A defect can be defined as a deviation from the quality and standard of design, materials or workmanship specified in a contract . According to the RICS guidance notes on defects, there are primarily two major kinds of defects. Patent defects and Latent defects. Patent defects can be easily identified during an inspection but Latent defects are not immediately obvious, but are discovered at a later date. For example a faulty foundation which is not detected until it affects the super structure is a latent defect.
Construction contracts usually have a defect liability period agreed. The defects liability period is the period of time during which the contractor is contractually obliged to repair defects which have appeared in…show more content… In order for third party rights to apply, the contract itself must expressly confer the right, setting out the terms that the third party can rely on, and expressly identify the third party in the contract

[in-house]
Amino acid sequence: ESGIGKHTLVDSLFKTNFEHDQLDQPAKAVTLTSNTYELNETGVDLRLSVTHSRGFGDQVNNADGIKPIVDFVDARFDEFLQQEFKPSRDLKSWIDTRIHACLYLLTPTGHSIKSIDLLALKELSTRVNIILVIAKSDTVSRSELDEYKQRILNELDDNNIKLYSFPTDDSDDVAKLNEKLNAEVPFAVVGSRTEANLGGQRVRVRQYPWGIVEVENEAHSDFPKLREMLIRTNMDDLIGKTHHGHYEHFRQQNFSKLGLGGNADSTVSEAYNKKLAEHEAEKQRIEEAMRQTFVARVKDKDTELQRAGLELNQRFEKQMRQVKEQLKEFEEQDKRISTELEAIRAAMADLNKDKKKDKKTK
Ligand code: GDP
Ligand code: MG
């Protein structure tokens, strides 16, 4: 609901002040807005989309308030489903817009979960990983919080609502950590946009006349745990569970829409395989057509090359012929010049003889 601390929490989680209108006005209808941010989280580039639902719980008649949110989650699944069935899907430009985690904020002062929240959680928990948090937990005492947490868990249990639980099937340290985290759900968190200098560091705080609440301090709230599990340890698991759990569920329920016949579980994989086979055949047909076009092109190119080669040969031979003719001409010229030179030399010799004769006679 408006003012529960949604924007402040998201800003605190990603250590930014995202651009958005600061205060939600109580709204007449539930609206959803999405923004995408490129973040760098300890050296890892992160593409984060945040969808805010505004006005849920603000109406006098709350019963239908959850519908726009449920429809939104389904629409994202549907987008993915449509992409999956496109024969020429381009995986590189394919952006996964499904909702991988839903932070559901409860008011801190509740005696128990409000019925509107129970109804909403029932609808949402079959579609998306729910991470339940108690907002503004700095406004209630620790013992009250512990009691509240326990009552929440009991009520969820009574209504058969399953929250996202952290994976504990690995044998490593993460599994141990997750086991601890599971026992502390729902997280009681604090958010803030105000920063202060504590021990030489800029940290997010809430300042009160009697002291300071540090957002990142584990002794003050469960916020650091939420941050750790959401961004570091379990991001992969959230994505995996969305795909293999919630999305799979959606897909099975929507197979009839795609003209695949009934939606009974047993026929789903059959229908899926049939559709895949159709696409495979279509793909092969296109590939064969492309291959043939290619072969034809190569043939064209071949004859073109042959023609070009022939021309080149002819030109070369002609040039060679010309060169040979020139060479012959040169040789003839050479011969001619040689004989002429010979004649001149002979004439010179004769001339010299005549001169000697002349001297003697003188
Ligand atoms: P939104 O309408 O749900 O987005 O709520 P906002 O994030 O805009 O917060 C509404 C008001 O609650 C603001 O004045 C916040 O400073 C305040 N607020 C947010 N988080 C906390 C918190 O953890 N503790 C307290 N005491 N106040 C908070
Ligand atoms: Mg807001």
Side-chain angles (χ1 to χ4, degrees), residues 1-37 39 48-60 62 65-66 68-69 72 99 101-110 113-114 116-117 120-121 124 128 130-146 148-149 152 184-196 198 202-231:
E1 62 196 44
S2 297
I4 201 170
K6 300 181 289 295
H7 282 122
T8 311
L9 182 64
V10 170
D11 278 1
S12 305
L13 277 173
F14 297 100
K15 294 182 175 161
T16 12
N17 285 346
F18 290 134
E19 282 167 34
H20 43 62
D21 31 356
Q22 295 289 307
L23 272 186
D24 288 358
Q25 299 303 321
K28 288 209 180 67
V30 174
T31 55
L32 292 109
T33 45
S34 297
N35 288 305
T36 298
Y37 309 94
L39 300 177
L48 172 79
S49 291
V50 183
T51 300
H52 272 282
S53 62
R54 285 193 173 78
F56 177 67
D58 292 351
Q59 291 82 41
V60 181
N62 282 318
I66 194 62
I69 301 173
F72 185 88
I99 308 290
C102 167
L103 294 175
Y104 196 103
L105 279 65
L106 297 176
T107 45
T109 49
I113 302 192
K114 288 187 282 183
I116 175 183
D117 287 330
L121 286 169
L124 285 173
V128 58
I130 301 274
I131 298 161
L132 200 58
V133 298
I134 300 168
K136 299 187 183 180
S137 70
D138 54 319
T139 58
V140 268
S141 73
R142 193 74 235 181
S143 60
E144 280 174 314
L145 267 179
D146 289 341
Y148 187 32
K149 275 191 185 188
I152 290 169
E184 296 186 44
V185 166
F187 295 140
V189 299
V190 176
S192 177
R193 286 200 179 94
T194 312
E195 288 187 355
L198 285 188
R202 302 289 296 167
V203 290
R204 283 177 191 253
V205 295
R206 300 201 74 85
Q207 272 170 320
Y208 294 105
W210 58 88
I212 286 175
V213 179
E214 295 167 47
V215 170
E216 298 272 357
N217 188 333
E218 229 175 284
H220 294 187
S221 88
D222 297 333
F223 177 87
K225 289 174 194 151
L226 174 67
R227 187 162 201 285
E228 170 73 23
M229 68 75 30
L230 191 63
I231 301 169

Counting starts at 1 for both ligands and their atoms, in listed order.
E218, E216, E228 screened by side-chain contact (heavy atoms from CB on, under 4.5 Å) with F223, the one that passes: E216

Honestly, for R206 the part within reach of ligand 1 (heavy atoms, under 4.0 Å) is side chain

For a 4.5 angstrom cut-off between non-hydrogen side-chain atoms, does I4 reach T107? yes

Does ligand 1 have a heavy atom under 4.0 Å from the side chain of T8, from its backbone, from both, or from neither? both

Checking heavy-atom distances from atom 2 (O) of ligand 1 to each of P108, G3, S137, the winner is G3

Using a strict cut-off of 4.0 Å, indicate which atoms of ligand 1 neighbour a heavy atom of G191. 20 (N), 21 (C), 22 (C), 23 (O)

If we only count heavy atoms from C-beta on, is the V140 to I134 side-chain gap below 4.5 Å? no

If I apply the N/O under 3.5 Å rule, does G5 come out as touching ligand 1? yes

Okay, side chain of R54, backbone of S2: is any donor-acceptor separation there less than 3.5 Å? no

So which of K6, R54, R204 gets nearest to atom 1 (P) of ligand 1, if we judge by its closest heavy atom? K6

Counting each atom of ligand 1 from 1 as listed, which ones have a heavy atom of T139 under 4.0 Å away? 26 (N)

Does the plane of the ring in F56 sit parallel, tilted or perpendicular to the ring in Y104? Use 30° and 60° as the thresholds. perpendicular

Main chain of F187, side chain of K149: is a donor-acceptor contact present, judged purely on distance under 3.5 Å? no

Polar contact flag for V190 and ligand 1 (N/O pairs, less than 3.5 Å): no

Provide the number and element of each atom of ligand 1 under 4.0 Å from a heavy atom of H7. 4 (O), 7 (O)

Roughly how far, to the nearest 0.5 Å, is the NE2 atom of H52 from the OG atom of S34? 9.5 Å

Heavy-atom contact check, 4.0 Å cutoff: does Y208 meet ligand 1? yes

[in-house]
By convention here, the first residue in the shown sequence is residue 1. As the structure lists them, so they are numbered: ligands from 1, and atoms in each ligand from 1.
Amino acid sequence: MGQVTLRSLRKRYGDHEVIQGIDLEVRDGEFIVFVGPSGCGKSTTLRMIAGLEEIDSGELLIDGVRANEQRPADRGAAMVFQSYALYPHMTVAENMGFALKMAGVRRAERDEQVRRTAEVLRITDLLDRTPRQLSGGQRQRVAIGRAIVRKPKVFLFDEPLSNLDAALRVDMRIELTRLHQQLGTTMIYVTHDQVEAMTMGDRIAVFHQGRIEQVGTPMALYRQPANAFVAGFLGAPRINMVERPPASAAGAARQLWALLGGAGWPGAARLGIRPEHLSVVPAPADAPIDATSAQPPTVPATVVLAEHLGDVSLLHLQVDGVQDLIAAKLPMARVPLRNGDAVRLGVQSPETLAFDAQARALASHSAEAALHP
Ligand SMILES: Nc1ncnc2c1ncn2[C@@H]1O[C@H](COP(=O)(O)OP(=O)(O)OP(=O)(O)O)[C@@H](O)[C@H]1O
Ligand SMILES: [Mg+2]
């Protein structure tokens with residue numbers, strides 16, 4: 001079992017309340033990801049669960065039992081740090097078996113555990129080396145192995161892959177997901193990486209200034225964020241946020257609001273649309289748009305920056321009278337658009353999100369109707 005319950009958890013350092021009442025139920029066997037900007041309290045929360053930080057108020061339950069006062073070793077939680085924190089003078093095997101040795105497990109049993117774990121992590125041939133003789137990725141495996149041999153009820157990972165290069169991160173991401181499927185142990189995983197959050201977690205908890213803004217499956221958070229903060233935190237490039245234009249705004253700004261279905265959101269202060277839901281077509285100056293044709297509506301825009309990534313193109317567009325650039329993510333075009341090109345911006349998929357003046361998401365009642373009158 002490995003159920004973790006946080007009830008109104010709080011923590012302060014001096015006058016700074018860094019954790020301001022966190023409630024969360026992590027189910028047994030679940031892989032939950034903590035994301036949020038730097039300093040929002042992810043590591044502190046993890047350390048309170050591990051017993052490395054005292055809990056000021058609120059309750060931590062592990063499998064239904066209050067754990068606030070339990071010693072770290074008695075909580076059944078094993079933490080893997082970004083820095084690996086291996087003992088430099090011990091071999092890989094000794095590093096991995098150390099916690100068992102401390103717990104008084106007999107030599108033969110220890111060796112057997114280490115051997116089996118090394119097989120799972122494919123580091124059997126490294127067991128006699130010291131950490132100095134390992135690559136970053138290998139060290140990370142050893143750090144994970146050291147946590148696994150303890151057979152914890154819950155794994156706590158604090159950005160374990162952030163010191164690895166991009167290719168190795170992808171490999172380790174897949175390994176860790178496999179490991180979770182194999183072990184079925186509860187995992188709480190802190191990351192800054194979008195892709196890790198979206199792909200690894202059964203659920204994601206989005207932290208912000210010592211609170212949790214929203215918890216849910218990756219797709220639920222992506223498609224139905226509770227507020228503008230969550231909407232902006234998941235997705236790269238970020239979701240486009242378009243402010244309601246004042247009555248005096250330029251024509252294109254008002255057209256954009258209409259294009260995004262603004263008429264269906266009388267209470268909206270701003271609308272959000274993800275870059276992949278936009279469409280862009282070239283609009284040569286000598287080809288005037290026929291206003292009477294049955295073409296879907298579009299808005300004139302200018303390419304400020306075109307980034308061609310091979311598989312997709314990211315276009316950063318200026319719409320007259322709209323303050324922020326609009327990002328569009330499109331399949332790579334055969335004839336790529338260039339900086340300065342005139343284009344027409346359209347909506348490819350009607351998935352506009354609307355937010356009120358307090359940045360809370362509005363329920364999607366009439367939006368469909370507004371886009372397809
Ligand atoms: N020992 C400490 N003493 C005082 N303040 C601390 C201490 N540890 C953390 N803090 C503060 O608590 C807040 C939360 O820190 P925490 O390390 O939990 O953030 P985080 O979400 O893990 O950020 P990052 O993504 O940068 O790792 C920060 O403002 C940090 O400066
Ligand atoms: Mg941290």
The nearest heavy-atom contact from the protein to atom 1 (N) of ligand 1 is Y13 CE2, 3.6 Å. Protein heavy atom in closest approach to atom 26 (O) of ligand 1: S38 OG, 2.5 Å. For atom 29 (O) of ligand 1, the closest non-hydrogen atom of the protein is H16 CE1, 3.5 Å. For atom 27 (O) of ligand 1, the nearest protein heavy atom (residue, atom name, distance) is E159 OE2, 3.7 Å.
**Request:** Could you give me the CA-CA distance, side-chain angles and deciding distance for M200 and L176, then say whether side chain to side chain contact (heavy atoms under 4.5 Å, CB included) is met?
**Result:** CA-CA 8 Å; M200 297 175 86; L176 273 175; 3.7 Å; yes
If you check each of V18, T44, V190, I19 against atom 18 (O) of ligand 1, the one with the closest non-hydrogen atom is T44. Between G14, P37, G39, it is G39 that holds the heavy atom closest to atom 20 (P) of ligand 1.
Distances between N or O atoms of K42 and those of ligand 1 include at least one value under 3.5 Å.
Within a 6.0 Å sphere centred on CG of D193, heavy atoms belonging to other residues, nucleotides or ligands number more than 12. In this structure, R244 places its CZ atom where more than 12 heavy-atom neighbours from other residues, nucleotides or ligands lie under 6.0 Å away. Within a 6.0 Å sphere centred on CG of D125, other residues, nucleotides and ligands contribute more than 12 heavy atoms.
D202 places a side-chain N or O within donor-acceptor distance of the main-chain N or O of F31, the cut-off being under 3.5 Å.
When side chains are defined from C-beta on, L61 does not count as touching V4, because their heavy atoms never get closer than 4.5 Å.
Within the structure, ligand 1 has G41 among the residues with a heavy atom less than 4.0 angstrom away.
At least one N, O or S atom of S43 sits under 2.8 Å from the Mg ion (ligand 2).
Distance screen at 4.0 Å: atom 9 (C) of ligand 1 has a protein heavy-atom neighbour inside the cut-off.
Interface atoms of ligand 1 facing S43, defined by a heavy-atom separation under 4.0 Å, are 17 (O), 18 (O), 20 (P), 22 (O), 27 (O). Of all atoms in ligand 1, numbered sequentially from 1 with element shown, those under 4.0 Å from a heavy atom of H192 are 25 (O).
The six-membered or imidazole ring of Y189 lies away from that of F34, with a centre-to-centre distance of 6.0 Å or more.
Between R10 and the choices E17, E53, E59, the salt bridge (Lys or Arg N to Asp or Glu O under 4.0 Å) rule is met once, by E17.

This means the contractor can still be found liable for defects several years after project completion, if these defects are discovered within the statutory limitation periods. This liability can be as a result of his contractual obligations or based on negligence in tort especially when the limitation period for bringing an action under contract has passed or if there is no binding contractual relationship between the occupier and the contractor.
These limitation periods are set out in the Limitation Act 1980. Under the act, the time limit for actions founded on a simple contract is six years from the date on which the cause of action occurred but twelve years if created by deed . However, the time limit for actions founded on tort is six years from the date the cause of action accrued .
The Latent damage act provides a limitation period of 3 years from the date of discovery of the latent defect. The act amends the law about limitation of actions (Section 14A of the Limitation Act 1980) in relation to actions for damages for negligence not involving personal injuries; and to provide for a person taking an interest in property to have, in certain circumstances, a cause of action in respect of negligent